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Sit Back and RadLAX

posted by Adam Levitin

I'm having trouble getting excited over RadLAX going before SCOTUS.  Ronald Mann has written that RadLAX "well might be the most important business bankruptcy case since its 1999 decision in Bank of America National Trust & Savings Ass’n v. 203 North LaSalle Street Partnership." I think that statement is literaly true, but that's not saying much; the Supreme Court doesn't hear very many business bankruptcy cases, period.

As it stands, I don't think the outcome in RadLAX is going to have much of an impact on bankruptcy practice on the ground.  If the creditors prevail, the world will look like status quo, say 2009:  credit bidding is allowed in sales under plans (and there will be little reason to teach RadLAX in a bankruptcy course).

If the debtor prevails, then de jure there will be no right to credit bid, but there will be one de facto in most cases (making the case well worth teaching).  If there's a DIP financing agreement, that agreement will almost certainly provide for the DIP lender to have a right to credit bid.  That means a ruling for the debtors will affect a narrow class of creditors and cases.  It will affect secured lenders not in the DIP consortium, and it will affect secured lenders in cases where there is no DIP financing. That's cases financing themselves on cash collateral or unrestricted cash or trade credit or unsecured insider DIP loans.  In other words, no impact whatsoever on the mega-cases.  Maybe a greater impact on middle market. We'll also see syndication agreements including provisions to deal with cash bidding situations.  In other words, a ruling for the debtors in RadLAX is unlikely to result in a major realignment of power in bankruptcy cases.  

Sadly, SCOTUS taking RadLAX (which is reasonable to deal with a circuit split) is a reminder that SCOTUS hasn't addressed the two key issues in Chapter 11:  the use of DIP financing agreements and asset sales as sub rosa plans.  Obviously SCOTUS has to have a proper case to deal with these problems, and SCOTUS generally has discretion on hearing appeals.  The Court could have dealt with this in Chrysler, but because of the macroeconomic impact of Chrysler (via GM), it was not the ideal case for addressing the interaction between the DIP loan, the sale, and the plan. So while it's nice to see a business bankruptcy case before the Court, I don't think too much rides on this one.  

Comments

I suspect the lack of comments on this post indicates that "DIP financing agreements and asset sales as sub rosa plans" are not key issues to actual practitioners. The sub rosa plan issue is by and large one of form, in part because the disclosure statement process has itself become one of form. The substanctive aspects of reorganization - valuation, debt service capacity and the ranking of claims - are generally firmly established before the disclosure statement ever hits the docket. Thus, DIP financing agreements and asset sales don't generally alter the substantive outcome. The best thing SCOTUS can do is ignore the issues entirely. The best thing Congress could do is add a chapter legitimizing best practices in 363s and 364s and eliminate the theoretical argument.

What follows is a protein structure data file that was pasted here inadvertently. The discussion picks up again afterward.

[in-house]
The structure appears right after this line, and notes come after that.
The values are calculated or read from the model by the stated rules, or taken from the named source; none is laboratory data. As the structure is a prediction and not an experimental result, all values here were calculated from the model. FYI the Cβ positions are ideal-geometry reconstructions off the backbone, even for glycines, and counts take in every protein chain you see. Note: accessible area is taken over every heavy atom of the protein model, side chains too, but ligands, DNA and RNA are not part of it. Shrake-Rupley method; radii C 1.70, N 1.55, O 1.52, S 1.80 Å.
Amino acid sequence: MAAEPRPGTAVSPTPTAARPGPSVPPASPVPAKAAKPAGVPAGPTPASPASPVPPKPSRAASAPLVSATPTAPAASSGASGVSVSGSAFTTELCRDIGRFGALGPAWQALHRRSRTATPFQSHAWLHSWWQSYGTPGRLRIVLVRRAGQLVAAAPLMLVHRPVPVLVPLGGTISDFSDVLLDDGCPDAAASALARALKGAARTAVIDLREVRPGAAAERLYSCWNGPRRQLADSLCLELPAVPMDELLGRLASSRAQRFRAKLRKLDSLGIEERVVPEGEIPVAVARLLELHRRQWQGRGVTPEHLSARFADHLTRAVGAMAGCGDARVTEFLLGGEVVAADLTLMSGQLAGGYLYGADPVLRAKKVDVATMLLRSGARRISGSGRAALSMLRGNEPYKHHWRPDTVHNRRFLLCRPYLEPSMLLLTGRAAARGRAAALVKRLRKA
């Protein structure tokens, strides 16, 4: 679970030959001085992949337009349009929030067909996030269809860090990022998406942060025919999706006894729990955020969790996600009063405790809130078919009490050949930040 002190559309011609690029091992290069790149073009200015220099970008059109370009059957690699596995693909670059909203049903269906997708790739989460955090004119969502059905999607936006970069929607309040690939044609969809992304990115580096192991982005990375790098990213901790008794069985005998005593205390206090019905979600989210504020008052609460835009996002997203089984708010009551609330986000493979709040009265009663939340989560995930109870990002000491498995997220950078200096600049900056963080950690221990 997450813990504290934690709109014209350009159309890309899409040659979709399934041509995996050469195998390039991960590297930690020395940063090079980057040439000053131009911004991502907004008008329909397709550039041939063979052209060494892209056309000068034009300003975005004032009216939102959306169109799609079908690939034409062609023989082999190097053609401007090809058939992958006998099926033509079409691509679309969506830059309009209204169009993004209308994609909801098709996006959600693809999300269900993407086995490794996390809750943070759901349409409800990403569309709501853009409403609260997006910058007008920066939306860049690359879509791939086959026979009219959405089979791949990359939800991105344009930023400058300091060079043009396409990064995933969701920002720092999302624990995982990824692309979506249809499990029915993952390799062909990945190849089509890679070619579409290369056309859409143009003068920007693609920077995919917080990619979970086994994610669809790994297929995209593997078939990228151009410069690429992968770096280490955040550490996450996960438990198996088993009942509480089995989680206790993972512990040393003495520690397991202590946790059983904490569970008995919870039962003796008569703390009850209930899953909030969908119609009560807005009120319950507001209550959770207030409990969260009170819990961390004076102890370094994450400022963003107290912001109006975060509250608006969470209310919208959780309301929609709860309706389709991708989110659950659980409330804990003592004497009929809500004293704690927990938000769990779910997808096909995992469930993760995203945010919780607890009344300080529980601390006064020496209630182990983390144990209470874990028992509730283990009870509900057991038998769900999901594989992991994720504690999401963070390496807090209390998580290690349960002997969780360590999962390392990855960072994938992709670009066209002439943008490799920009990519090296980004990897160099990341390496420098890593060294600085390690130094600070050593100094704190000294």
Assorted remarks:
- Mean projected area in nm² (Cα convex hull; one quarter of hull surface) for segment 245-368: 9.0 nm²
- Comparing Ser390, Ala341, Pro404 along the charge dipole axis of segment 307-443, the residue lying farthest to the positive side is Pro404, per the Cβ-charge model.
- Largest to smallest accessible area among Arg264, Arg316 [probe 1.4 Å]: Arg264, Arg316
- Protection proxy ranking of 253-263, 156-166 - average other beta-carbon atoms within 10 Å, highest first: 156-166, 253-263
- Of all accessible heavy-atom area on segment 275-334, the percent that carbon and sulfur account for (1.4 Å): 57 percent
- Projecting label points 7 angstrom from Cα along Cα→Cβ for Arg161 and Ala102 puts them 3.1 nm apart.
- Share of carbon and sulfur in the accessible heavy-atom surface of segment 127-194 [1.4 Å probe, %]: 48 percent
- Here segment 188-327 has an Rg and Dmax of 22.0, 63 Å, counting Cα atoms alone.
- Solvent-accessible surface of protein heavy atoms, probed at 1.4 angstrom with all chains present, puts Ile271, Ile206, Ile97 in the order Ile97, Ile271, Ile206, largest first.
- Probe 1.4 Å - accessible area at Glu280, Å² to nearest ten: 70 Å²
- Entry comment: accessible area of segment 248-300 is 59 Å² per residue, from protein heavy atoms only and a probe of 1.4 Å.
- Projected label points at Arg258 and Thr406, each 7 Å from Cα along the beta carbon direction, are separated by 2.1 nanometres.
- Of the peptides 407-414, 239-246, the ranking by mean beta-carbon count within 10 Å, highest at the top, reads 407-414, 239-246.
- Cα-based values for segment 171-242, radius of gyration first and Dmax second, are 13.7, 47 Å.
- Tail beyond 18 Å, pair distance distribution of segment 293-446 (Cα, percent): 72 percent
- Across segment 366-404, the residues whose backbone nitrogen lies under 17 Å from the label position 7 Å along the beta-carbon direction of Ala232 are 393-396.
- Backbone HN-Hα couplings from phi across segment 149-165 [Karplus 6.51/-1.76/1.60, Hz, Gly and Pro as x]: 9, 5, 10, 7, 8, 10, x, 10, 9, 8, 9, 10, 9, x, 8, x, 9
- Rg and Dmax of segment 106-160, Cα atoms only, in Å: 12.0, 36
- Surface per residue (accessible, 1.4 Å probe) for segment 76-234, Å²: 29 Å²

mt--I would disagree somewhat. First, we tend not to get a lot of comments on anything about business bankruptcy. Why is an interesting question--it could map onto our readership.

Second, lack of vocalization about sub rosa plans is necessarily a sign that it doesn't matter, but that it isn't a day-to-day issue. We have certainly seen it litigated in various forms in some of the most important recent cases (DBSD, Chrysler, e.g.).

Third, to claim that DIP financing and asset sales don't alter substantive outcomes is just bizarre. I'll agree that most things are determined before the disclosure statement hits the docket, but they've been hashed out in the shadow of 1129...except for when they're hashed out via 363/364. And that's the problem. By the time we get to the disclosure statement and plan, everything's already boxed up, but it's been boxed up via DIP finance and sales, not via negotiations in anticipation of a plan vote.

Consider the substantive effect of a DIP finance agrement. Besides priming liens and superpriority status, it might mandate asset sales, give veto power over a plan, appoint a CRO, and have case deadlines. Of course those affect major substantive issues. 365(d)(4) is a death blow in a free-fall bankruptcy to a retailer that leases its stores because of the terms of the DIP agreement mandating assumption/rejection of leases in a limited window in order to have in-store GOB sales. That's substantive.

Similarly, DIP agreement's stingy carveouts and waivers limit ability to rerank claims via avoidance actions. And one need no better example than Chrysler to see how a sale could possibly be an end-run on absolute priority. That's a substantive outcome. I could go on and on.

That said, I agree that SCOTUS is the wrong place for this to get resolved. Congress needs to legislative better 363/364 practices and in the interim, the UST needs to be pushing harder on this rather than focusing so intently on fees.

Alright, I'm confused. I haven't seen the plan itself, and the summaries don't say what was to happen to the sale proceeds. If Debtor was trying to use the sale to raise a pot, how was the "no credit bidding" clause supposed to assure that? Was the secured supposed to take a smaller percentage of the proceeds of a third-party sale? Was the secured supposed to receive time payments? If so, where's the substitute lien? And how would either of these qualify as indubitable equivalents, thereby justifying the precluding of credit bids?

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